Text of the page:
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Mondeuse Blanche - Blauer Portugieser

Mondeuse Blanche - Blauer Portugieser

For most winemakers in Austria, Blauer Portugieser is a filler, grape, used in blends or for house wines. We don't buy these, we buy from people who give the grape the same attention as the more popular grapes and make delicious wines. Like a lot of "neglected" grapes, it is simply lack of attention in planting or winemaking that makes so many of the wines simple. Just like Swiss Chasselas, Blauer Portugieser vines give prolific yields and has low acidity. Just like Swiss Chasselas, Portugieser wines were meant to be drunk in their youth and considered not suited to long-term cellaring. And - no surprise here - just as Swiss Chasselas there's no reason they cannot age magnificently with proper winemaking, or make truly impressive wines. A medium ruby colour with a fruity, grape juice kind of nose. There are also some aromas of plum and red cherry. On the palate, the wine is medium bodied with low tannins and with moderately low acidity. On the palate, it tastes of grape with some cherry and raspberry fruit. Very smooth.

Mondeuse Blanche is another rarity and makes very pleasant and interesting wines. Yet there are only between 5 and 10 hectares left in Savoie. Mondeuse Blanche wines are typically made in the fresh, dry style, typical of Savoie, although they are typically not very high in acidity. The notes are floral (magnolia and acacia) at first , then hazelnuts and rich plum flavours come out - In some ways it is not unlike aromas and flavours found in Viognier.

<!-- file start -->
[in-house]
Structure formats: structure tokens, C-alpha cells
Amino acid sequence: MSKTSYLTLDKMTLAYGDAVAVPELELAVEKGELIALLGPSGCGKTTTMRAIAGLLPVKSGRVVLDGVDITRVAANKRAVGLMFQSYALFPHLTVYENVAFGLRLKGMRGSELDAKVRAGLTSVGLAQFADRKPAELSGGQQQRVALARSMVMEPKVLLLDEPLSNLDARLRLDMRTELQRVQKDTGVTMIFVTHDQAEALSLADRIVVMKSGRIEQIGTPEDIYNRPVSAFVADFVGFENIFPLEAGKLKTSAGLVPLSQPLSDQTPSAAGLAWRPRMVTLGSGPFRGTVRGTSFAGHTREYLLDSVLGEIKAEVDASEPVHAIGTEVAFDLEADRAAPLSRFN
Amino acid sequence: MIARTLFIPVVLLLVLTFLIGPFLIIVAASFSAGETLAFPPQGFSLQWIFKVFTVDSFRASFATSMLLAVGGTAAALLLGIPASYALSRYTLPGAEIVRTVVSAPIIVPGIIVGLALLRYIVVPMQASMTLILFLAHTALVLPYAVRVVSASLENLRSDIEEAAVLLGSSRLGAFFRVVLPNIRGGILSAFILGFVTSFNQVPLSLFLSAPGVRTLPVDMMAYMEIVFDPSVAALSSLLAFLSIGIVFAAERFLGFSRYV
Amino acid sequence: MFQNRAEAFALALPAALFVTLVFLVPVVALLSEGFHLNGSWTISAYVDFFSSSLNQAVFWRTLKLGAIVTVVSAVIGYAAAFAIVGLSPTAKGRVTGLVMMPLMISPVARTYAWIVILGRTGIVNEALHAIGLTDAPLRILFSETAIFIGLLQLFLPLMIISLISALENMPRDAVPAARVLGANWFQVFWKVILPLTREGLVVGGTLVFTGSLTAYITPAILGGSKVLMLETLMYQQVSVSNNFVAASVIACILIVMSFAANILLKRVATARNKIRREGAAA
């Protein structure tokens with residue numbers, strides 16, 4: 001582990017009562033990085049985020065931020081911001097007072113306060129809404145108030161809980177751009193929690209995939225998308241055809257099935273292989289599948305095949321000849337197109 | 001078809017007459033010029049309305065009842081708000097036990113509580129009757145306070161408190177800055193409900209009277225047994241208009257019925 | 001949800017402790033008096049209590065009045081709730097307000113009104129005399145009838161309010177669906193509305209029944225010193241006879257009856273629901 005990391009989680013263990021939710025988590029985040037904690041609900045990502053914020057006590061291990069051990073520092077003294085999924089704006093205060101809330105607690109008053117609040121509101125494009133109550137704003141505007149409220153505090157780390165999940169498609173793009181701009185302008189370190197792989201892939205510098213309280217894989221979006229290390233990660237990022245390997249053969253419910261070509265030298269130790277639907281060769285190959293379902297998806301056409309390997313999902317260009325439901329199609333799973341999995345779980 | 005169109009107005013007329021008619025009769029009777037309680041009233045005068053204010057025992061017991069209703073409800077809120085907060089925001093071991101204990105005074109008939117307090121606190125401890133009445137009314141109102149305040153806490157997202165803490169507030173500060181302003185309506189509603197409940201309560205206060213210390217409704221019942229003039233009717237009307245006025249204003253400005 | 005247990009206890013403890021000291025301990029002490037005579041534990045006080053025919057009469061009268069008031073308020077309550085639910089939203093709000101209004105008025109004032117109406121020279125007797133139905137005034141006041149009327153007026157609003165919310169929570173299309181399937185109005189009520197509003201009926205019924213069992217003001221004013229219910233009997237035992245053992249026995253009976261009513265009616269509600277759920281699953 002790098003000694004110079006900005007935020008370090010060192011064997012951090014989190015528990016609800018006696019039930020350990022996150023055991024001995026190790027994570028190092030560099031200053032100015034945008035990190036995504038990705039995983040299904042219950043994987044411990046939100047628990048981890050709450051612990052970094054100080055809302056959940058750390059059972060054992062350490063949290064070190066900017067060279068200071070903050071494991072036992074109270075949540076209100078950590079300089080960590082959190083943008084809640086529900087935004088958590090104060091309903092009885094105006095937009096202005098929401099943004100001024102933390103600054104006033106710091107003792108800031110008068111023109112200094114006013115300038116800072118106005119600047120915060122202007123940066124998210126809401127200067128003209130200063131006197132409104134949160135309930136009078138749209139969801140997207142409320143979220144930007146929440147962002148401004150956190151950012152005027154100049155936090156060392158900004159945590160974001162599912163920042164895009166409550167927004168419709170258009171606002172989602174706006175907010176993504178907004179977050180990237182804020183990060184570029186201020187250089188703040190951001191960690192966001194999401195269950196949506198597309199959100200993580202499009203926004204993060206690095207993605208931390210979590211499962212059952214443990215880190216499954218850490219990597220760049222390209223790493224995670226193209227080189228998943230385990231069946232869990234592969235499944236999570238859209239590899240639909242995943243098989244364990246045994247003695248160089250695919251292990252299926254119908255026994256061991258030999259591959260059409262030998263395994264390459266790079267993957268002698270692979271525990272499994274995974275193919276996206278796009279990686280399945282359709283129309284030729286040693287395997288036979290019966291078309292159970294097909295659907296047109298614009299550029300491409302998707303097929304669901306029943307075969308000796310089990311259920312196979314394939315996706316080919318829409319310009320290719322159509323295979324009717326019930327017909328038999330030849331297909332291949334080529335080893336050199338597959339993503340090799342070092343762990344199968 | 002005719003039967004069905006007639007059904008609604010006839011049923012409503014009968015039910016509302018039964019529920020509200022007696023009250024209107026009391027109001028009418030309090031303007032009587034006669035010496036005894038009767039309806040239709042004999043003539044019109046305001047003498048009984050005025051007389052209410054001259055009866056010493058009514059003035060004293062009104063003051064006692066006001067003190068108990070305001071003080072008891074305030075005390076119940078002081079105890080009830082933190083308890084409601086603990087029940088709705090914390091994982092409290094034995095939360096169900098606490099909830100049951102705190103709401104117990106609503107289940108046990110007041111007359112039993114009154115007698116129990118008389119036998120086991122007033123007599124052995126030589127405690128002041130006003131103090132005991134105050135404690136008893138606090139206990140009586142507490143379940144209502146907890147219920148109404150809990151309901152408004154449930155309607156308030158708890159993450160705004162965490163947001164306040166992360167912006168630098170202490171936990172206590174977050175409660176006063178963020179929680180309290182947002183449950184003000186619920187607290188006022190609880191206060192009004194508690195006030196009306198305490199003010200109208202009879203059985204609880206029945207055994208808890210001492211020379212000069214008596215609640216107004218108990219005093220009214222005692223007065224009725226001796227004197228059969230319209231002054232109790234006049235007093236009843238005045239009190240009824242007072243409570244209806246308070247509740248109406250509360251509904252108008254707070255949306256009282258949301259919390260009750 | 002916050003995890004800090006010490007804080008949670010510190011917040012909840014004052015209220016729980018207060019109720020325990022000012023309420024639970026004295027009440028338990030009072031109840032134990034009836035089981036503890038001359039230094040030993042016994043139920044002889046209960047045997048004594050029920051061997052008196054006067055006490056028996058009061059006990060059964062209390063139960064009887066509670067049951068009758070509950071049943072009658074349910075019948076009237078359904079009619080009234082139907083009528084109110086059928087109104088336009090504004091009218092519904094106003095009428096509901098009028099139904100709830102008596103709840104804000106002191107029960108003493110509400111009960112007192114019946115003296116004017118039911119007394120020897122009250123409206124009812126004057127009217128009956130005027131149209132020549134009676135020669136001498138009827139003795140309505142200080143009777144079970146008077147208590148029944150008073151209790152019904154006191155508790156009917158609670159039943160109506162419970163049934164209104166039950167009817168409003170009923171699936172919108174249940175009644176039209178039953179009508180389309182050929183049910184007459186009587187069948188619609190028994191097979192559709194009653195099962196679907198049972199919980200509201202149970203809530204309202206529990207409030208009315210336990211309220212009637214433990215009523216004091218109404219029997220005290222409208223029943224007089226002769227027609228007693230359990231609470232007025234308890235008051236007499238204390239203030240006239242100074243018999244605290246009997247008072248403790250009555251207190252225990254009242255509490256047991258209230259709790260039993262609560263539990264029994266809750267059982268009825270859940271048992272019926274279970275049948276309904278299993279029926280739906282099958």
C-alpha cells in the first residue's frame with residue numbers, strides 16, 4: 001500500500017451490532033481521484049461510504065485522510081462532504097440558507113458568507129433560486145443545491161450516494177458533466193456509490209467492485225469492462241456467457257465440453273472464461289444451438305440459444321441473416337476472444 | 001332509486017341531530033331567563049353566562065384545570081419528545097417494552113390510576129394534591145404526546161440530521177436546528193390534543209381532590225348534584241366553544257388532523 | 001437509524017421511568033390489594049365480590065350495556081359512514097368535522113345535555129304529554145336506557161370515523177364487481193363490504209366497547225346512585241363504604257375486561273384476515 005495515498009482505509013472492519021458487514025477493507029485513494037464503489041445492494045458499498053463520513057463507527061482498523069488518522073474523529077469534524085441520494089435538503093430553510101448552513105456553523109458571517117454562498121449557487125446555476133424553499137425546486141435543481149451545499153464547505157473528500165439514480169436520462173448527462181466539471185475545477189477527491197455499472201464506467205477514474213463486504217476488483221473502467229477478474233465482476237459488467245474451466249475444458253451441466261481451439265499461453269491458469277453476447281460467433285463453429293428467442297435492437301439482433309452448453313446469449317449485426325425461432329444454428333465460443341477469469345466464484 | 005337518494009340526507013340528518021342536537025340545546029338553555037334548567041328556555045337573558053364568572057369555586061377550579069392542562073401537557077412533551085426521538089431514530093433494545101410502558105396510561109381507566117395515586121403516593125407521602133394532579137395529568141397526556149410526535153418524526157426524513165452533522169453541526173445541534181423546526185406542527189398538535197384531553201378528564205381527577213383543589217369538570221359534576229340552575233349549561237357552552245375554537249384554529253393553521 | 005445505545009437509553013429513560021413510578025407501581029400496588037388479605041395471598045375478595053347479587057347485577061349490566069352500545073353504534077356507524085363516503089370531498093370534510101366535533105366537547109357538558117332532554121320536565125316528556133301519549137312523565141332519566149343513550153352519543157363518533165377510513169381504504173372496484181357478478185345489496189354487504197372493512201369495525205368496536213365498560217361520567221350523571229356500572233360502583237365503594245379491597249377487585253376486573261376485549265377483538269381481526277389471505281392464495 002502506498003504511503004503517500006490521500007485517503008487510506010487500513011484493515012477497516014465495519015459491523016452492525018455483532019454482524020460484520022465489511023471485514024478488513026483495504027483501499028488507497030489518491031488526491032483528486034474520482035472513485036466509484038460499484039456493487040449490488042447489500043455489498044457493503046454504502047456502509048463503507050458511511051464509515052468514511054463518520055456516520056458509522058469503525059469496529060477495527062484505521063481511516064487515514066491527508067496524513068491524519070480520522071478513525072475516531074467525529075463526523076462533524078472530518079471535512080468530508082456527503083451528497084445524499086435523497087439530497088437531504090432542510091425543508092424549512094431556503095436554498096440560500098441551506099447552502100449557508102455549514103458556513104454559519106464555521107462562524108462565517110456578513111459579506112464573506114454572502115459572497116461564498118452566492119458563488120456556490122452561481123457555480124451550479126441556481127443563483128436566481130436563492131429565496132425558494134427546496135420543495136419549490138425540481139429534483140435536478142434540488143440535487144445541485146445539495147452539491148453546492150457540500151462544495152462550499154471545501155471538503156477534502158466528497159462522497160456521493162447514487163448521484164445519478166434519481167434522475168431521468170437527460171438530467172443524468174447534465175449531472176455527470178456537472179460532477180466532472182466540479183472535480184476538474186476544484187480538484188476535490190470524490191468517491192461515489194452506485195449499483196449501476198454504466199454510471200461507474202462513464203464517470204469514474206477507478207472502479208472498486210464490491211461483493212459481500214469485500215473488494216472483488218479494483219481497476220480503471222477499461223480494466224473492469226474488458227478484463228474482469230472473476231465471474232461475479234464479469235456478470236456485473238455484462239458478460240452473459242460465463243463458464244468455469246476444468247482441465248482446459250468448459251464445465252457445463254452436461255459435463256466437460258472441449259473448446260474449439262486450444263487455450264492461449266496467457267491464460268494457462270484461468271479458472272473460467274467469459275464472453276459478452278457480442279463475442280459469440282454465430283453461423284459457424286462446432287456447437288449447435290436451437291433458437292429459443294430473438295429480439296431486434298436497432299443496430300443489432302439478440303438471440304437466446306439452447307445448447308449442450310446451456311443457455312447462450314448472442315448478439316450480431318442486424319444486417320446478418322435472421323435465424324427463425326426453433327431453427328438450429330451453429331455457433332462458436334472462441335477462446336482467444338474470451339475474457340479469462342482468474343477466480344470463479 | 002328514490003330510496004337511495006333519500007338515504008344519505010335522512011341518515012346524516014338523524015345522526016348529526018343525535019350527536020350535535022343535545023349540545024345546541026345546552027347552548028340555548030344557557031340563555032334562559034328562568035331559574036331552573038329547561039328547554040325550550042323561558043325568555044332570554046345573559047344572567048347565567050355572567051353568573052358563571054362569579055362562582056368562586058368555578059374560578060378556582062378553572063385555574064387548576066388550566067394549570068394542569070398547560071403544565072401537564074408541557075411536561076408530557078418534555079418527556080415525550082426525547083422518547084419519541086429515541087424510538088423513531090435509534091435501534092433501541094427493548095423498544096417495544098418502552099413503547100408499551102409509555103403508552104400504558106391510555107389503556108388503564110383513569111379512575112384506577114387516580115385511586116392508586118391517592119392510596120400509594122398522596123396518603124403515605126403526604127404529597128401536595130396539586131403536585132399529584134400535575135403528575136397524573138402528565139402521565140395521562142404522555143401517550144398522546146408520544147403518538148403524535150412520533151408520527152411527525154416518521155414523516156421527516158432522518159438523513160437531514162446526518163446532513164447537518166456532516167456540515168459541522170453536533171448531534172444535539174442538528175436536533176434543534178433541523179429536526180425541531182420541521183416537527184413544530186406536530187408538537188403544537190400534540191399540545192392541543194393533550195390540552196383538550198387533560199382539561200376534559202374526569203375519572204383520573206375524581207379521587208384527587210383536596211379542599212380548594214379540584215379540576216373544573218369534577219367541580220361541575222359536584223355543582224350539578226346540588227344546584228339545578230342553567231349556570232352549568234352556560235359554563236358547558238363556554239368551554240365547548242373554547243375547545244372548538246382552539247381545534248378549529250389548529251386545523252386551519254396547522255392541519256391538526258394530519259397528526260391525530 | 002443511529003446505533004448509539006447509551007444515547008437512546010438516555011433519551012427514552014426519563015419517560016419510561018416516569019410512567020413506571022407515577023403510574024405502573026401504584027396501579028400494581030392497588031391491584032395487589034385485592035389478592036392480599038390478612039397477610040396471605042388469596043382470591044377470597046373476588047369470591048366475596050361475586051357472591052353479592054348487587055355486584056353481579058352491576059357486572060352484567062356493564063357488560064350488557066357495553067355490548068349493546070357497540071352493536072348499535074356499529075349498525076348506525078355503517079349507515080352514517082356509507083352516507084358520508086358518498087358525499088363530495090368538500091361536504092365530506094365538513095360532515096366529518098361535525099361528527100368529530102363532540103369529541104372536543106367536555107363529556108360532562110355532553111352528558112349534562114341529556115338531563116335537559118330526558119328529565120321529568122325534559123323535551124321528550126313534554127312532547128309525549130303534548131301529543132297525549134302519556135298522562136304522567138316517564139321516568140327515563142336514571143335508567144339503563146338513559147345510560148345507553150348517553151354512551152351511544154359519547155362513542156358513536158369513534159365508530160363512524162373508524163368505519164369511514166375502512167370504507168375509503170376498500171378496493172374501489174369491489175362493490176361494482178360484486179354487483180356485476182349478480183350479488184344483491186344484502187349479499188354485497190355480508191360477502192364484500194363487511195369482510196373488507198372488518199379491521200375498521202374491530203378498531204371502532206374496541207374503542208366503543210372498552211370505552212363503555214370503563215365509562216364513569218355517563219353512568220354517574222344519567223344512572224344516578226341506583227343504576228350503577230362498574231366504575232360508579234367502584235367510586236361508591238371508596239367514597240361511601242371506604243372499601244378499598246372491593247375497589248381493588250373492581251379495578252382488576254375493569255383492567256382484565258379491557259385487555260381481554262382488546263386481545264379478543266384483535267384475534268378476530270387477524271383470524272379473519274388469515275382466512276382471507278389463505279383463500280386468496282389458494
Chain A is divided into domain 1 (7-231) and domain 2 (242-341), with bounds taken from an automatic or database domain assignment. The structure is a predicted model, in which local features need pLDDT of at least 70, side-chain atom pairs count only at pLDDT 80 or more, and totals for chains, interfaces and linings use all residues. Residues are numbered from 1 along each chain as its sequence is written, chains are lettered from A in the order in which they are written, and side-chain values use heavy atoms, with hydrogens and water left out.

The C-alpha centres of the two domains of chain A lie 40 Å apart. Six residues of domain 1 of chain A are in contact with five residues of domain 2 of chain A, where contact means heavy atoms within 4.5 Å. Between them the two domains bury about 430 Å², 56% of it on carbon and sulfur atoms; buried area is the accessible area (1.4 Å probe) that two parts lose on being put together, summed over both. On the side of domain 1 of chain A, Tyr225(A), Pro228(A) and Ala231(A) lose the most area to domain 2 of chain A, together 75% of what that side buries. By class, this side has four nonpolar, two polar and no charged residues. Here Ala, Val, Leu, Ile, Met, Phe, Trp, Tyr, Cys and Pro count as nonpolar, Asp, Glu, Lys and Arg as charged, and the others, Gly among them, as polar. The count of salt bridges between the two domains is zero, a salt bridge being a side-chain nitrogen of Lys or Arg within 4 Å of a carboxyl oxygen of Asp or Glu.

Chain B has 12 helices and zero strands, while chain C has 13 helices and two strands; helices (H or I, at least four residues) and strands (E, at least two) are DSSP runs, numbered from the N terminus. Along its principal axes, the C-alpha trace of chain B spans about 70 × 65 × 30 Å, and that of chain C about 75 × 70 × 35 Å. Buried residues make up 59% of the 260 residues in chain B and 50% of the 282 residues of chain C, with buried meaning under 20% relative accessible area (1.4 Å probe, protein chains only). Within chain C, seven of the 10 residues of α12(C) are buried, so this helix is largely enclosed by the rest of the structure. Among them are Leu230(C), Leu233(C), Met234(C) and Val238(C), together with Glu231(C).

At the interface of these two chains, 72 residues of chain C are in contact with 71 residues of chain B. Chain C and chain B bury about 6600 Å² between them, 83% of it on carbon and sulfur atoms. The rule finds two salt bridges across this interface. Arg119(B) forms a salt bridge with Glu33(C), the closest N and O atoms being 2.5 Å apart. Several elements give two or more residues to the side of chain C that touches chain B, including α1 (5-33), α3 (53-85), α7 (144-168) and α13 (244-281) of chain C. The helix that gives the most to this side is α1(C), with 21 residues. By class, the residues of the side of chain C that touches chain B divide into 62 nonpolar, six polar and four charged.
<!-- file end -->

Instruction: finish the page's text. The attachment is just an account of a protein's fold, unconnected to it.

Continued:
Whilst DNA profiling has shown that the relationship between Mondeuse Blanche and Mondeuse Noire is a parent-offspring rather than a mutation, it has also shown that Mondeuse Blanche naturally crossed with Dureza and gave birth to Syrah. Yet another rare and almost forgotten grape without which we would be without one of the most popular international varieties. It also has a parent-offspring relationship with Viognier.

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Although popular for its generous harvests, the variety has poor disease resistance (mildew and grey rot are a particular concern) and requires careful maintenance in the vineyard to make good wine.

Despite the suggestion of the grape's name of having a Portuguese origin, ampelographers have uncovered little evidence to suggest that this is the case. It is often said that the Austrian, Johann von Fries, brought it from Oporto to his estates near Voslau in 1772. Until recently and for that reason, it was called Kékoportó in Hungary. There is evidence to indicate that by the 19th century, the grape was widely established in Austria and that it was then that cuttings were brought to Germany.

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